Shutting Down the Furnace: Preferential Killing of Cancer Cells with Mitochondrial-Targeting Molecules by Cláudia M. Deus, Gabriela L. Santos, Rute Loureiro, Ignacio Vega-Naredo, Henrique Faneca, Paulo J. Oliveira (2438-2457).
Mitochondria are organelles which play an important role not only in cellular metabolism but also in controlling pathways related with cell death, ionic and redox regulation. Alterations in mitochondrial metabolism are implicated in a variety of diseases, including cancer. Cellular and mitochondrial metabolism are both altered during the different stages of tumor development. As cancer cells have altered metabolic profiles, these alterations are a valid and promising target for anti-cancer agents. We hereby review several molecules that are in different stages of development and which target mitochondria in cancer cells. However, not all compounds are efficiently delivered into mitochondria, especially due to the difficulty of these agents to cross the membranes that surround the organelle, contributing to a loss of effectiveness and specificity. This led to the development of effective strategies aimed at delivering useful cargo to mitochondria, including the use of delocalized lipophilic cations coupled to useful molecules, or peptides that insert in mitochondrial membranes. Although several of those targeting strategies have still a very limited use against cancer cells, we present here the advantages and disadvantages of each combination.
Trends in Mitochondrial Therapeutics for Neurological Disease by Ana Leitão-Rocha, Pedro Guedes-Dias, Brígida R. Pinho, Jorge M. A. Oliveira (2458-2467).
Neuronal homeostasis is critically dependent on healthy mitochondria. Mutations in mitochondrial DNA (mtDNA), in nuclear-encoded mitochondrial components, and age-dependent mitochondrial damage, have all been connected with neurological disorders. These in clude not only typical mitochondrial syndromes with neurological features such as encephalomyopathy, myoclonic epilepsy, neuropathy and ataxia; but also secondary mitochondrial involvement in neurodegenerative disorders such as Alzheimer's, Parkinson's and Huntington's disease. Unravelling the molecular aetiology of mitochondrial dysfunction opens new therapeutic prospects for diseases thus far lacking effective treatments. In this review we address recent advances on preventive strategies, such as pronuclear, spindle-chromosome complex, or polar body genome transfer to replace mtDNA and avoid disease transmission to newborns; we also address experimental mitochondrial therapeutics aiming to benefit symptomatic patients and prevent disease manifestation in those at risk. Specifically, we focus on: (1) gene therapy to reduce mutant mtDNA, such as anti-replicative therapies and mitochondriatargeted nucleases allowing favourable heteroplasmic shifts; (2) allotopic expression of recoded wild-type mitochondrial genes, including targeted tRNAs and xenotopic expression of cognate genes to compensate for pathogenic mutations; (3) mitochondria targeted-peptides and lipophilic cations for in vivo delivery of antioxidants or other putative therapeutics; and (4) modulation of mitochondrial dynamics at the level of biogenesis, fission, fusion, movement and mitophagy. Further advances in therapeutic development are hindered by scarce in vivo models for mitochondrial disease, with the bulk of available data coming from cellular models. Nevertheless, wherever available, we also address data from in vivo experiments and clinical trials, focusing on neurological disease models.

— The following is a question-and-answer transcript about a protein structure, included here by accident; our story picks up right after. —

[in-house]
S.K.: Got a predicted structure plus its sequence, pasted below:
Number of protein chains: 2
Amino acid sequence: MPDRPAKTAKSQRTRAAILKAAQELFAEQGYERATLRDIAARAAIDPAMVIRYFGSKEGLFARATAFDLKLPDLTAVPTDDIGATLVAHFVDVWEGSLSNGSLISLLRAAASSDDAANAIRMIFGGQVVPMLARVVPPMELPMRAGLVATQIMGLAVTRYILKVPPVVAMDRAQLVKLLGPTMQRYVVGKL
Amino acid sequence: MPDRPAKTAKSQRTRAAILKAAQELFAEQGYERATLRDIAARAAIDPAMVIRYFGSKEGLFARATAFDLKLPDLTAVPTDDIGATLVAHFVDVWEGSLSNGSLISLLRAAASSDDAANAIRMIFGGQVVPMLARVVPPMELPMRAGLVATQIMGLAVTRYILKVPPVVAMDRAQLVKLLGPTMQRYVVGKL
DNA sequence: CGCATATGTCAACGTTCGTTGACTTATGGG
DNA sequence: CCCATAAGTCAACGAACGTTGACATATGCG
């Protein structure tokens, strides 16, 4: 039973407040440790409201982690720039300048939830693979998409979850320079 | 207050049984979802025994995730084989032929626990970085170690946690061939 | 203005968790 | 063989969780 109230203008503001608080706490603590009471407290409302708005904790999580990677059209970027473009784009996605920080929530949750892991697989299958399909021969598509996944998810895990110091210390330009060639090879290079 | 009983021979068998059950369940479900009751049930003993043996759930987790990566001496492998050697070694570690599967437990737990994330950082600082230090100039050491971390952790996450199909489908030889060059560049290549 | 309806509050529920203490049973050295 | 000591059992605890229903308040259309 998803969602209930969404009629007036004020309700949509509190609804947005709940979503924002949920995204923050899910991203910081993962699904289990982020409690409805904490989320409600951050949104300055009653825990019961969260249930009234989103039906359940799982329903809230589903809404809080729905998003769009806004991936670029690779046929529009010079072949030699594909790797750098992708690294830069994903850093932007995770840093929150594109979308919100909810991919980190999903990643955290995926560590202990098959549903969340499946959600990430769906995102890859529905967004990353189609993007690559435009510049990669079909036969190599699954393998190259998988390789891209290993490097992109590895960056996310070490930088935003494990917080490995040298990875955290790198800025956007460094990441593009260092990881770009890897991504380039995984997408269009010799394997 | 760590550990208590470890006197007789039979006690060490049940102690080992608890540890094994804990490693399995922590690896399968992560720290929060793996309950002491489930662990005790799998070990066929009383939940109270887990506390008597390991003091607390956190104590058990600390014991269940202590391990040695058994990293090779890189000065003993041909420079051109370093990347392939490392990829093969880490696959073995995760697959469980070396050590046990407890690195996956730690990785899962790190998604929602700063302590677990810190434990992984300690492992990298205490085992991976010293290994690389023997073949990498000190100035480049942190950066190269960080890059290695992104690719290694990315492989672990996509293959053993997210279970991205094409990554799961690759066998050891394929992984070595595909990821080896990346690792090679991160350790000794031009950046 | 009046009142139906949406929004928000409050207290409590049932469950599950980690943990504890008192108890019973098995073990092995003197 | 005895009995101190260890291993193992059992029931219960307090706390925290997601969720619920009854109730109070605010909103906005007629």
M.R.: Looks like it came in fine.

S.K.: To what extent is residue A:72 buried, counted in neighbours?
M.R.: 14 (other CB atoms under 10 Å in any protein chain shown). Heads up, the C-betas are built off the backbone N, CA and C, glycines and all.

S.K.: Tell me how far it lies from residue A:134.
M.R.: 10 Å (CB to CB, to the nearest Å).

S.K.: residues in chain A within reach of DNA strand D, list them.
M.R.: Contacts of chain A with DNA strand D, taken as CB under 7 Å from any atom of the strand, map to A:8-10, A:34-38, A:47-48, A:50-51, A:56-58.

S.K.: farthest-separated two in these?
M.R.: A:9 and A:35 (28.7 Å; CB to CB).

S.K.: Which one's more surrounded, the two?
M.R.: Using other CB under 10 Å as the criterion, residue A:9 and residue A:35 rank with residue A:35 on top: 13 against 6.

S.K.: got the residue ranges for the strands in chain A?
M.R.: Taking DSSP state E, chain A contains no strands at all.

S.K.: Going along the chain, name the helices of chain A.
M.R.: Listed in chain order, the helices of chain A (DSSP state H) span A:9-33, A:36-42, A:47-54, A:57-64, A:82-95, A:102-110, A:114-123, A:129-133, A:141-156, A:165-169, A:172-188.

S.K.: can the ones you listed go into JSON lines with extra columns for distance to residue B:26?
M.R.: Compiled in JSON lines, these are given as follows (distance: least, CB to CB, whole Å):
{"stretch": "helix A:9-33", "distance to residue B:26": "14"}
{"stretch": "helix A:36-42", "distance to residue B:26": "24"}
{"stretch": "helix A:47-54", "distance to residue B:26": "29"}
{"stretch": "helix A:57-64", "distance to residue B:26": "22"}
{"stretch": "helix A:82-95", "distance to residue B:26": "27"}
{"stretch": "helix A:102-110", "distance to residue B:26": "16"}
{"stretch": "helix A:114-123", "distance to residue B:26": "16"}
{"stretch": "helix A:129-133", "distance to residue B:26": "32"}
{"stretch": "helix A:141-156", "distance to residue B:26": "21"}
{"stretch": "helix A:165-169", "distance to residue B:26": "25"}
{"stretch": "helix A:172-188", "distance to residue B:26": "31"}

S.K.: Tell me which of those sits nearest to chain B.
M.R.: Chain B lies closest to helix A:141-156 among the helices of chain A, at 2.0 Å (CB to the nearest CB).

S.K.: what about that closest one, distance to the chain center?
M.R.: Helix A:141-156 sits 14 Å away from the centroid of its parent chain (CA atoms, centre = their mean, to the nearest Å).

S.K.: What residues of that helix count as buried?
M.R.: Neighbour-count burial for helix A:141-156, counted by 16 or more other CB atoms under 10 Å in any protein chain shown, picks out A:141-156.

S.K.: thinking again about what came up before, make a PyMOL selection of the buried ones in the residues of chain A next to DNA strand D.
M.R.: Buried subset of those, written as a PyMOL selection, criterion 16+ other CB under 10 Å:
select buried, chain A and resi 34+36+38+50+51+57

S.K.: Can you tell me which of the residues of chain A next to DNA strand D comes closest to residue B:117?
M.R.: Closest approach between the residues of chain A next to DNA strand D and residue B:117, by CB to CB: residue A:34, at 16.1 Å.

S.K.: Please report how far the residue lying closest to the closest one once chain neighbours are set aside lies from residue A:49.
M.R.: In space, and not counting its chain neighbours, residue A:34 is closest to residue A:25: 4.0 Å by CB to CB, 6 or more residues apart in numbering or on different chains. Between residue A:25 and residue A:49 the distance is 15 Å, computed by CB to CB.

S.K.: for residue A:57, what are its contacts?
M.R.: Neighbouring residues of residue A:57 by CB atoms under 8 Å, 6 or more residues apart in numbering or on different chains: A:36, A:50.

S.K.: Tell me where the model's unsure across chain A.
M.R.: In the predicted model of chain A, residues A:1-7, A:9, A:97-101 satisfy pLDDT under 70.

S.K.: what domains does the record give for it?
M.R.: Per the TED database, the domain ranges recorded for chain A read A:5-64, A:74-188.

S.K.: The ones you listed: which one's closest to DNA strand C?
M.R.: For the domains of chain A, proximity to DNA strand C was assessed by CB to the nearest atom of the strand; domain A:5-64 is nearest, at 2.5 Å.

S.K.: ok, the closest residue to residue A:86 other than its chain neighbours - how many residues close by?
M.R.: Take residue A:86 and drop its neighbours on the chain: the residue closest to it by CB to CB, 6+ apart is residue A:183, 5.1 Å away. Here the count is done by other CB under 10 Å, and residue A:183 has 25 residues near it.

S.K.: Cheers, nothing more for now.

Regulation of Mitochondrial Function and its Impact in Metabolic Stress by Filipe V. Duarte, Joao A. Amorim, Carlos M. Palmeira, Anabela P. Rolo (2468-2479).